Tuesday, April 28, 2009
• Start using words and phrases like ‘please,’ ‘thank you,’ I’m sorry,’ ‘excuse me,’ and ‘may I?’ as much as possible when interacting with your child. Even though it may sound silly for a parent to ask their child something such as “may I change your diaper?” focusing on speaking these words as much as possible around your child will make it easier for them to do the same once they are able to start speaking.
Your young child may have a hard time grasping why we need manners, and what good they will do for them, so the best thing to do is to consistently incorporate proper etiquette in your everyday routine. Repetitiveness is the key!
• By the time your child begins to speak, they are able to say the words you have been trying so hard to teach them. By age 21/2, they should be able to remember to say things such as please and thank you. This shows appreciation and respect. It is also important to encourage your child to maintain eye contact while speaking to another person. You should prompt your child to say any of these things whenever they may forget. However, these words are only as good as the sincerity shown while speaking them. It must be authentic and sincerely spoken; otherwise it is just as empty as saying nothing at all. This also goes for apologies. In cases when your child should apologize to another person, actions speak louder than words. A hug, a note or even a picture, along with an apology, make it more heartfelt and sincere.
“I have been a believer in the magic of language since, at a very early age, I discovered that some words got me into trouble, and others got me out.”
Saturday, April 25, 2009
Manners and proper etiquette is a very important subject, so the next few posts will all be related to this topic. This post is about the basics of teaching a child something new, and the next few posts will deal with specific topics related to proper manners, as well as ways to go about teaching your child these specific things. Children are basically mimics. They repeat things that are done and spoken around them.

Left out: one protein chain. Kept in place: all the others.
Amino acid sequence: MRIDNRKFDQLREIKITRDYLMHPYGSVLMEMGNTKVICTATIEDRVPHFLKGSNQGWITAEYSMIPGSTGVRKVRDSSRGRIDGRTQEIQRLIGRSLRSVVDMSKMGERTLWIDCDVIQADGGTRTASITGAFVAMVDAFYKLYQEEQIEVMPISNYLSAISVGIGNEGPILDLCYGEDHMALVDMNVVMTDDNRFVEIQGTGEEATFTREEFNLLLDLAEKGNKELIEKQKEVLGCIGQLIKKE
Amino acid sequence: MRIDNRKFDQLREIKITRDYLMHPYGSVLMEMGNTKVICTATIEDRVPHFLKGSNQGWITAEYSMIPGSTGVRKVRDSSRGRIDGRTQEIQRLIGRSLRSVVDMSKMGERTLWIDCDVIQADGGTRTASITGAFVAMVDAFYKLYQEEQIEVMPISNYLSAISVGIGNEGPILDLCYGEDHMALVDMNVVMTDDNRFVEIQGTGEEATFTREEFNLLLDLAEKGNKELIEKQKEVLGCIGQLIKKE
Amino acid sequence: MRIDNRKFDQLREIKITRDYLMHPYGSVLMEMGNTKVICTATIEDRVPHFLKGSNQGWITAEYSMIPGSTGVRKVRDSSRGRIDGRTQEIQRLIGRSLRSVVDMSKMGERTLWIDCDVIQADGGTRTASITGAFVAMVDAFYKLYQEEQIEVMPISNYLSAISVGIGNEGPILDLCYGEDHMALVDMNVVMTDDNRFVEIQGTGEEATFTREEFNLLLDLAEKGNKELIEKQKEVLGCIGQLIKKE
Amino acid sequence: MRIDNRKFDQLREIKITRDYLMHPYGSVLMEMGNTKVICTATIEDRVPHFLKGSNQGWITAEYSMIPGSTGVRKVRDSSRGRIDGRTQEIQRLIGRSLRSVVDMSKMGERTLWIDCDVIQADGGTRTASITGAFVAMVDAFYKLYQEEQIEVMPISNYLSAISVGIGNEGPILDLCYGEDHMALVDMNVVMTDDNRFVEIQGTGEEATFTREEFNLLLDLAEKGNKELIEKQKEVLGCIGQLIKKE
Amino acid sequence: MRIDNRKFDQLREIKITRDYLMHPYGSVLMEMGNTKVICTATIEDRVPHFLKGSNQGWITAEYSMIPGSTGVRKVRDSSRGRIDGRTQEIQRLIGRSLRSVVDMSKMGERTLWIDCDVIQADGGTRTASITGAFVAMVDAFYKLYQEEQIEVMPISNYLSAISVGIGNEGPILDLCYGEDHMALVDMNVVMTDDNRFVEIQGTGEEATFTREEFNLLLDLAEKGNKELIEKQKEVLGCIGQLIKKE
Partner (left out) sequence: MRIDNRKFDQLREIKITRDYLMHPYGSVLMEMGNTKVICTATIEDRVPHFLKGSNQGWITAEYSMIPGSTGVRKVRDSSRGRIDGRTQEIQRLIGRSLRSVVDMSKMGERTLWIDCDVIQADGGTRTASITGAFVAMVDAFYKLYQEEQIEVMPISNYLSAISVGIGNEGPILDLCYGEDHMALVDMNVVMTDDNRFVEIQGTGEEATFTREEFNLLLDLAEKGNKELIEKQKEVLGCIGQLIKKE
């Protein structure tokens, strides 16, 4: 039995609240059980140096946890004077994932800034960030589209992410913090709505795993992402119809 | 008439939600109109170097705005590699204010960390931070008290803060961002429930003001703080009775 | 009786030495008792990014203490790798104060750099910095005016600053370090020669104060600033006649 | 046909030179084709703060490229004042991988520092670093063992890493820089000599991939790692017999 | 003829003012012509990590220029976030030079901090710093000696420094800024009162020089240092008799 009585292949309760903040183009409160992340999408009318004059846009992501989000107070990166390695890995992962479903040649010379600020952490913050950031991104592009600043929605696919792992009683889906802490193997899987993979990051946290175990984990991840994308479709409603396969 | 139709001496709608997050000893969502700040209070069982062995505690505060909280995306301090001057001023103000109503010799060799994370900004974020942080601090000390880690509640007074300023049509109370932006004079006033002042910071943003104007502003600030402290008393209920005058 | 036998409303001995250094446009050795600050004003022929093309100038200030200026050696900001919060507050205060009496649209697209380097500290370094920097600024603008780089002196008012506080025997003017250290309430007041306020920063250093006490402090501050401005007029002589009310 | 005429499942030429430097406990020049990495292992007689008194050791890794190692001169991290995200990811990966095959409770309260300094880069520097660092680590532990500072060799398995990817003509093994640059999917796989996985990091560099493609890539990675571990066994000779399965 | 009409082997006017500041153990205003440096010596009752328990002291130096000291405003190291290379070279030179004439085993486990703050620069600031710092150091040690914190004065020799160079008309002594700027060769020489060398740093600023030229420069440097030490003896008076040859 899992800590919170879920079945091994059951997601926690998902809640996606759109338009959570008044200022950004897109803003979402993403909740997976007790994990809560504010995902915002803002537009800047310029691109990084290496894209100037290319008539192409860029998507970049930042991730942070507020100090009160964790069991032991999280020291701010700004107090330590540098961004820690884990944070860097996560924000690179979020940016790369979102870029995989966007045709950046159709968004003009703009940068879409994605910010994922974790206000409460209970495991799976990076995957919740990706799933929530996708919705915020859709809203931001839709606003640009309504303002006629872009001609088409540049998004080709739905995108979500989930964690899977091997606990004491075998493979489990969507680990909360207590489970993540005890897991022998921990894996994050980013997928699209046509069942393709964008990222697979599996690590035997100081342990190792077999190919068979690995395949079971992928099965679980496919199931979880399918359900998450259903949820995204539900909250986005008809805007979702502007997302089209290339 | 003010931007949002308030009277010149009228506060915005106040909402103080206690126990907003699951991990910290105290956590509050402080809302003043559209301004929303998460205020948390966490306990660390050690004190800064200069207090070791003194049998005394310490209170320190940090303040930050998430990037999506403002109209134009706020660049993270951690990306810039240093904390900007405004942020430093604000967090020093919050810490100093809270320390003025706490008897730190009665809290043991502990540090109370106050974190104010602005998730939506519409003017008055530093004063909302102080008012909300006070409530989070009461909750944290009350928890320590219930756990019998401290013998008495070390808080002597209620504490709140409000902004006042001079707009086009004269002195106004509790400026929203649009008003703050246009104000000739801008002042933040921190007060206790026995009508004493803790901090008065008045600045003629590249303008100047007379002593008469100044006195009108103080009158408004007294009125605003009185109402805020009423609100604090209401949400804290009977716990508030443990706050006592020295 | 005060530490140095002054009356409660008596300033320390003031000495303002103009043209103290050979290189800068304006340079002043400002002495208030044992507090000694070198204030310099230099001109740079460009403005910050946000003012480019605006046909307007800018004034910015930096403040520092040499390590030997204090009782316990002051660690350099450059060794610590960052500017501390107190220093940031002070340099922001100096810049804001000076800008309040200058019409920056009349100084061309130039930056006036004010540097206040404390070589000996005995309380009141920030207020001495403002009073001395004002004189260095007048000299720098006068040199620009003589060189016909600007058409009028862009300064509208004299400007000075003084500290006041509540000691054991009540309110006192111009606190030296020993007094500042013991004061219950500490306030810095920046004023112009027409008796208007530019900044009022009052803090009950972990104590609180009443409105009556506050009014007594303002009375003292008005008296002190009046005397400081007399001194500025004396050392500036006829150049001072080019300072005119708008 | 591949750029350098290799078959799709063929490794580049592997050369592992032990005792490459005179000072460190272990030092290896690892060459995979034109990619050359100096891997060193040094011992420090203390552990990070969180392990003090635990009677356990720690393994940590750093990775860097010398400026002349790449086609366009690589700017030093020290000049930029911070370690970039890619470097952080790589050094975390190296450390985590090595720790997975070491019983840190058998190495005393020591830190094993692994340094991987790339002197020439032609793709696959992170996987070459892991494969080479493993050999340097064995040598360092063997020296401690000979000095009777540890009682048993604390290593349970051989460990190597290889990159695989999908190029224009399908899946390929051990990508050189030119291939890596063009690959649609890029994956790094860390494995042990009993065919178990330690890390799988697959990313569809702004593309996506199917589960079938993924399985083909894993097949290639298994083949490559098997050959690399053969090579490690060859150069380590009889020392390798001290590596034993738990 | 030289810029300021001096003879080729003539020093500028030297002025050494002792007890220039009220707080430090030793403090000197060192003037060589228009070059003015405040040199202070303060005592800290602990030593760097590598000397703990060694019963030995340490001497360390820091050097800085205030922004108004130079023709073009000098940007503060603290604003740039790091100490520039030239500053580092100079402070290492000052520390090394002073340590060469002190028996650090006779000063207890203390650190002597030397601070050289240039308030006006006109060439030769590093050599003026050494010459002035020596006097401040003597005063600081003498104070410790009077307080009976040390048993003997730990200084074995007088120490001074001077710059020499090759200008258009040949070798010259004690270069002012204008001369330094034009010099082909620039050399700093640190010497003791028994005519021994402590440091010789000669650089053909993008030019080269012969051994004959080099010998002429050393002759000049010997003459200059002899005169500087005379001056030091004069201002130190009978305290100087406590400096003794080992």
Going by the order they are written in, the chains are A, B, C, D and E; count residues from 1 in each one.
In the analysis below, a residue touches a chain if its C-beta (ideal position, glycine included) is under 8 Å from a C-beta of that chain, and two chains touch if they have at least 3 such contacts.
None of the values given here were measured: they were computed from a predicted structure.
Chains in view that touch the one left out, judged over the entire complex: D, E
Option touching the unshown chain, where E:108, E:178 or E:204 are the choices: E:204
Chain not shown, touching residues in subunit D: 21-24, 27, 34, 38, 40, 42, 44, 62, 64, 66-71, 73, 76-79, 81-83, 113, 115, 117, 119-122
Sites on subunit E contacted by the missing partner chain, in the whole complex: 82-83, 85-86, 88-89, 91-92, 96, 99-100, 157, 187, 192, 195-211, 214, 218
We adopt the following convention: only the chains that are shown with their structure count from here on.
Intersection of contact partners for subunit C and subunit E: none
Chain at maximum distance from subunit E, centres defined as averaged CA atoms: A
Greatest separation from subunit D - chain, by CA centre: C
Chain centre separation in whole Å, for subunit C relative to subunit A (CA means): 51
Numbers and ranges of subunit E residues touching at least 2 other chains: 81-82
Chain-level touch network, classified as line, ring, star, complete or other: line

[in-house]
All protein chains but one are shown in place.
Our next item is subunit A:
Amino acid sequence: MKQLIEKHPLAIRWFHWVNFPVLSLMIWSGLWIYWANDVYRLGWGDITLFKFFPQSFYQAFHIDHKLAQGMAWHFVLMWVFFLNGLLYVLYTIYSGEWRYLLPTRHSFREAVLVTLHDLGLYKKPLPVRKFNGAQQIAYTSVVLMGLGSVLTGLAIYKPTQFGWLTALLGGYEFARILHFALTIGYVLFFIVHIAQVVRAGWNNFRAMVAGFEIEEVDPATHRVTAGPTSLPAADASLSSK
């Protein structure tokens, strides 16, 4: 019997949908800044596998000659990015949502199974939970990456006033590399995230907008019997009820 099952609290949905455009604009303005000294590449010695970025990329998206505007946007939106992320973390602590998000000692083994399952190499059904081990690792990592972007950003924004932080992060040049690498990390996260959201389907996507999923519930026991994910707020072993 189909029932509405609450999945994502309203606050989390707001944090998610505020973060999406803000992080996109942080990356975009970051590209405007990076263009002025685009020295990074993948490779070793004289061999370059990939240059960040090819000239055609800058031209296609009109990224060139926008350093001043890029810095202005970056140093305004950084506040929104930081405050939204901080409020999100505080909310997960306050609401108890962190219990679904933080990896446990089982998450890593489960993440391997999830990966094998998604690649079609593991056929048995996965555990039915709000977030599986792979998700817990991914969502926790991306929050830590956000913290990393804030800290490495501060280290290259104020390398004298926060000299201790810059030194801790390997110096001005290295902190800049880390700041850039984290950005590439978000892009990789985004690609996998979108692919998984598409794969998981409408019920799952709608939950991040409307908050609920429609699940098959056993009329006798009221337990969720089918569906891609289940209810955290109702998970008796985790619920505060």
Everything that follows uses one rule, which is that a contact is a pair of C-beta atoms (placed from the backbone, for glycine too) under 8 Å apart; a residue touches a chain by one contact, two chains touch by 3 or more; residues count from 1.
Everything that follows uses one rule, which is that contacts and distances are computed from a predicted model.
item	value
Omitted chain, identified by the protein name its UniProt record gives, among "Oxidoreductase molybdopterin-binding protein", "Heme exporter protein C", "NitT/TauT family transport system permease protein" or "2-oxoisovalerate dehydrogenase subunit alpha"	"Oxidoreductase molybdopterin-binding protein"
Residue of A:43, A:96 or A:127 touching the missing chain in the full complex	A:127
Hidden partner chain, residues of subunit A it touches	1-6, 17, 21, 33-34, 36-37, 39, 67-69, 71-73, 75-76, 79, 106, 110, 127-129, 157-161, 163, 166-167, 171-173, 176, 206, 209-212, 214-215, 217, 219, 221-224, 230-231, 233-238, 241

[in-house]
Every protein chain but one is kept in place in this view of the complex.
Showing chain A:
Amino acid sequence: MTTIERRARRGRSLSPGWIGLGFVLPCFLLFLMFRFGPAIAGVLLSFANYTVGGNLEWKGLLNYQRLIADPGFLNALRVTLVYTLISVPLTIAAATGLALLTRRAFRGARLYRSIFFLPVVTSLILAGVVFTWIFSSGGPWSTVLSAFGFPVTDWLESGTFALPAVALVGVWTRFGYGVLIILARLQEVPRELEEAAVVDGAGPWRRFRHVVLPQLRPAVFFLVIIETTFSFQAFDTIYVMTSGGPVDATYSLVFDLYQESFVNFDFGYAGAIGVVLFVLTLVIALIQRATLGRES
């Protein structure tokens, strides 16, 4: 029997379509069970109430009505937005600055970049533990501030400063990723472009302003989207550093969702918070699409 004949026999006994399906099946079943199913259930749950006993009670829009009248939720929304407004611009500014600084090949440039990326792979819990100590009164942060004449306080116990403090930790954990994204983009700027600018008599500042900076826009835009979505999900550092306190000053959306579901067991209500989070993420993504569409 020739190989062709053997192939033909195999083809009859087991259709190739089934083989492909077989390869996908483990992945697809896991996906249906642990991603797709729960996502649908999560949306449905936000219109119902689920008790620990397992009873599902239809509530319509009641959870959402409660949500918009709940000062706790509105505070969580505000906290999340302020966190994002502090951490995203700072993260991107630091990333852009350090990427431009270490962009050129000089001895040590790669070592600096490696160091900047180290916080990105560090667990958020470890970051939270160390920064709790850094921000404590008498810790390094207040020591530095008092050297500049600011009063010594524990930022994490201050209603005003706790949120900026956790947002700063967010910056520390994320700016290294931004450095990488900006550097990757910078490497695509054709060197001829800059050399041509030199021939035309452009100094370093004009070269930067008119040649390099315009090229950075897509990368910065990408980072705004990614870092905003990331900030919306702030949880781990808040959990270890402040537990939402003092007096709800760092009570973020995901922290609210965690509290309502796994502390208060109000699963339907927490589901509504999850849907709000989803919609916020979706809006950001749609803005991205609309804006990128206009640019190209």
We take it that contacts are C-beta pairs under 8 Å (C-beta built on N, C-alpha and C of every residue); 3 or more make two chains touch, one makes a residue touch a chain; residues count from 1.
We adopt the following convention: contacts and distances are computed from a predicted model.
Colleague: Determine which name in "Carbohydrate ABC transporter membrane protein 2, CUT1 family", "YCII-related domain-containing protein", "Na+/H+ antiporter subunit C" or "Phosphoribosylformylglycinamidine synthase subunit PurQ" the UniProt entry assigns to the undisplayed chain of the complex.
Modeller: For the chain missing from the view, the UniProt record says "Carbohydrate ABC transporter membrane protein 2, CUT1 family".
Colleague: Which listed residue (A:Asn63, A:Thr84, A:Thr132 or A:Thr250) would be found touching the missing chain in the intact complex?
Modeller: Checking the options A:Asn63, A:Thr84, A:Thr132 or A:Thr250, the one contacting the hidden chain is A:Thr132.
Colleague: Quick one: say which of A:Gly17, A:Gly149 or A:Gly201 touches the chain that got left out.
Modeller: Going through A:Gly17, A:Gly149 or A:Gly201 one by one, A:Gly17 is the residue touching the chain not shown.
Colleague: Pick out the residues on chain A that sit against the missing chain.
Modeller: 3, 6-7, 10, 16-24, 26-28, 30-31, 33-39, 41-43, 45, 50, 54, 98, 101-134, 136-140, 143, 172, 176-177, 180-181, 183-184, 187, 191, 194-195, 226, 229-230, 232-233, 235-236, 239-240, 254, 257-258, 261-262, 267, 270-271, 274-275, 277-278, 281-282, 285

When it comes to teaching your child about good manners and proper etiquette, there are three important things to remember.
1. Reinforcement and encouragement
2. Set a good example
3. Avoid ignoring bad behavior
Reinforcement and encouragement, with helpful reminders and prompts from time to time are the keys to success when teaching a child proper etiquette. Repetition is the key here! They may not learn something the very first time they are taught, but if they do it or are reminded to do it daily, there is a much better chance of their brain wiring itself to remember these things in the future.
You must also remember to always set a good example! Your child having good manners is a direct reflection on you as a parent. It is also something that is a necessity in their lives and will remain so forever.